We printed using an Ultimaker 3 printer with a 0.2 mm layer height and infill at 20%. We also printed supports with the body of the case. Because we used a more coarse layer height, we allowed for some more wiggle room in our design (i.e. a slightly larger USB slot and a larger hole for the push switch).
Step 3: Gesture Recording
Using the controller constructed in steps 1 and 2, we recorded training data using simple Arduino code and Processing. We programmed our Arduino to send the Arduino time stamp and the x, y, and z values for the accelerometer over the Serial port. For gesture recording, we ignore the button portion of our controller.
The Processing program records 10 samples of each gesture and writes the Processing time stamp, Arduino time stamp, and x, y, and z accelerometer values to a file. It creates one large full stream CSV file and individual gesture files for each sample of each gesture. The gestures are segmented using cues from the space bar; that is, the user presses the space bar to both begin and end a gesture recording.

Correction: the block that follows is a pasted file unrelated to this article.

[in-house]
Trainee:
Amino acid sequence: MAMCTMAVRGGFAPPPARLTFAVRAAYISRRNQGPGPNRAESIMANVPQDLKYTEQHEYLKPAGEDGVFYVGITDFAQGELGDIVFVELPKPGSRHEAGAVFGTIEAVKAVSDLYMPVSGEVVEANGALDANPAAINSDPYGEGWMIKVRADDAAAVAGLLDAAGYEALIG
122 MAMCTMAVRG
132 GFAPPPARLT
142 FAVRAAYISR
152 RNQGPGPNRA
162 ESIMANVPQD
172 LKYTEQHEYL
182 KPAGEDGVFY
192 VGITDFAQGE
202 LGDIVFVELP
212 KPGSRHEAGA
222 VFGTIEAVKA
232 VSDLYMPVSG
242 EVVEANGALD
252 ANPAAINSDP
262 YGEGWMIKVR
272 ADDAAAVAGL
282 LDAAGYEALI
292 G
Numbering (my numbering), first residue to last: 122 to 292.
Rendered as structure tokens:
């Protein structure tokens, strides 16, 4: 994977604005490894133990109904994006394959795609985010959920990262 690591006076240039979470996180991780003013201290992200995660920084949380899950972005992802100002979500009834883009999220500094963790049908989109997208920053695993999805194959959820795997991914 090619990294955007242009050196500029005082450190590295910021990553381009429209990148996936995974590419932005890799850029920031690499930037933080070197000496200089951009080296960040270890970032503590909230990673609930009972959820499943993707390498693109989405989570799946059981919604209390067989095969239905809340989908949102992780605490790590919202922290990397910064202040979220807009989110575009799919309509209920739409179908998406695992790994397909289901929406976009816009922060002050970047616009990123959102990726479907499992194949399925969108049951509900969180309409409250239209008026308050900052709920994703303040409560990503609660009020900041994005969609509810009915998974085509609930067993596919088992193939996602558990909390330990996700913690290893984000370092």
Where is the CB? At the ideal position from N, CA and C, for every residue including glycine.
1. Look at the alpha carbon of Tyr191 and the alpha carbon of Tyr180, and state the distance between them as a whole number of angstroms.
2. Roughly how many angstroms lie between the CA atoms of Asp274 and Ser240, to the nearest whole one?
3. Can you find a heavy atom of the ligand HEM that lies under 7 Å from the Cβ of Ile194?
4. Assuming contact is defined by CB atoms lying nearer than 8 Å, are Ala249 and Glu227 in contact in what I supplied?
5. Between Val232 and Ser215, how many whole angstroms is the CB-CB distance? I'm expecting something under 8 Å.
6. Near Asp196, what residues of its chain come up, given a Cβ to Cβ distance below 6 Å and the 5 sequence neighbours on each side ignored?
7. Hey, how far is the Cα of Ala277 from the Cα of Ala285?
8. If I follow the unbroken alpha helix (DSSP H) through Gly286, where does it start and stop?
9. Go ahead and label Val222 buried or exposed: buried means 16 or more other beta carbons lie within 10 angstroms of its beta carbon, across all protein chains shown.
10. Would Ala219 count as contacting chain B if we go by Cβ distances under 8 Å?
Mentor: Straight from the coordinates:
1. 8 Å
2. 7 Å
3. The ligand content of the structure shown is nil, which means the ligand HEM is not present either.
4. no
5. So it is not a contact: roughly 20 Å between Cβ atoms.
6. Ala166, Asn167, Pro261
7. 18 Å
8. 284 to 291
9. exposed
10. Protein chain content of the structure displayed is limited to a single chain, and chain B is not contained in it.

The gestures we allow in our tool are:
- swipe right, to swipe through filters
- clockwise or counter-clockwise circle, to capture and save an image
- mid-air X, to undo all changes and revert to the original image
Our Arduino and Processing code is available here: https://gitlab.cs.washington.edu/eafurst/599h_final_project/tree/master/GestureRecorder
Step 4: Training the SVM
We chose to use Python to implement the remainder of our photo booth tool. We leveraged several python libraries to simplify training and testing a model for gesture classification.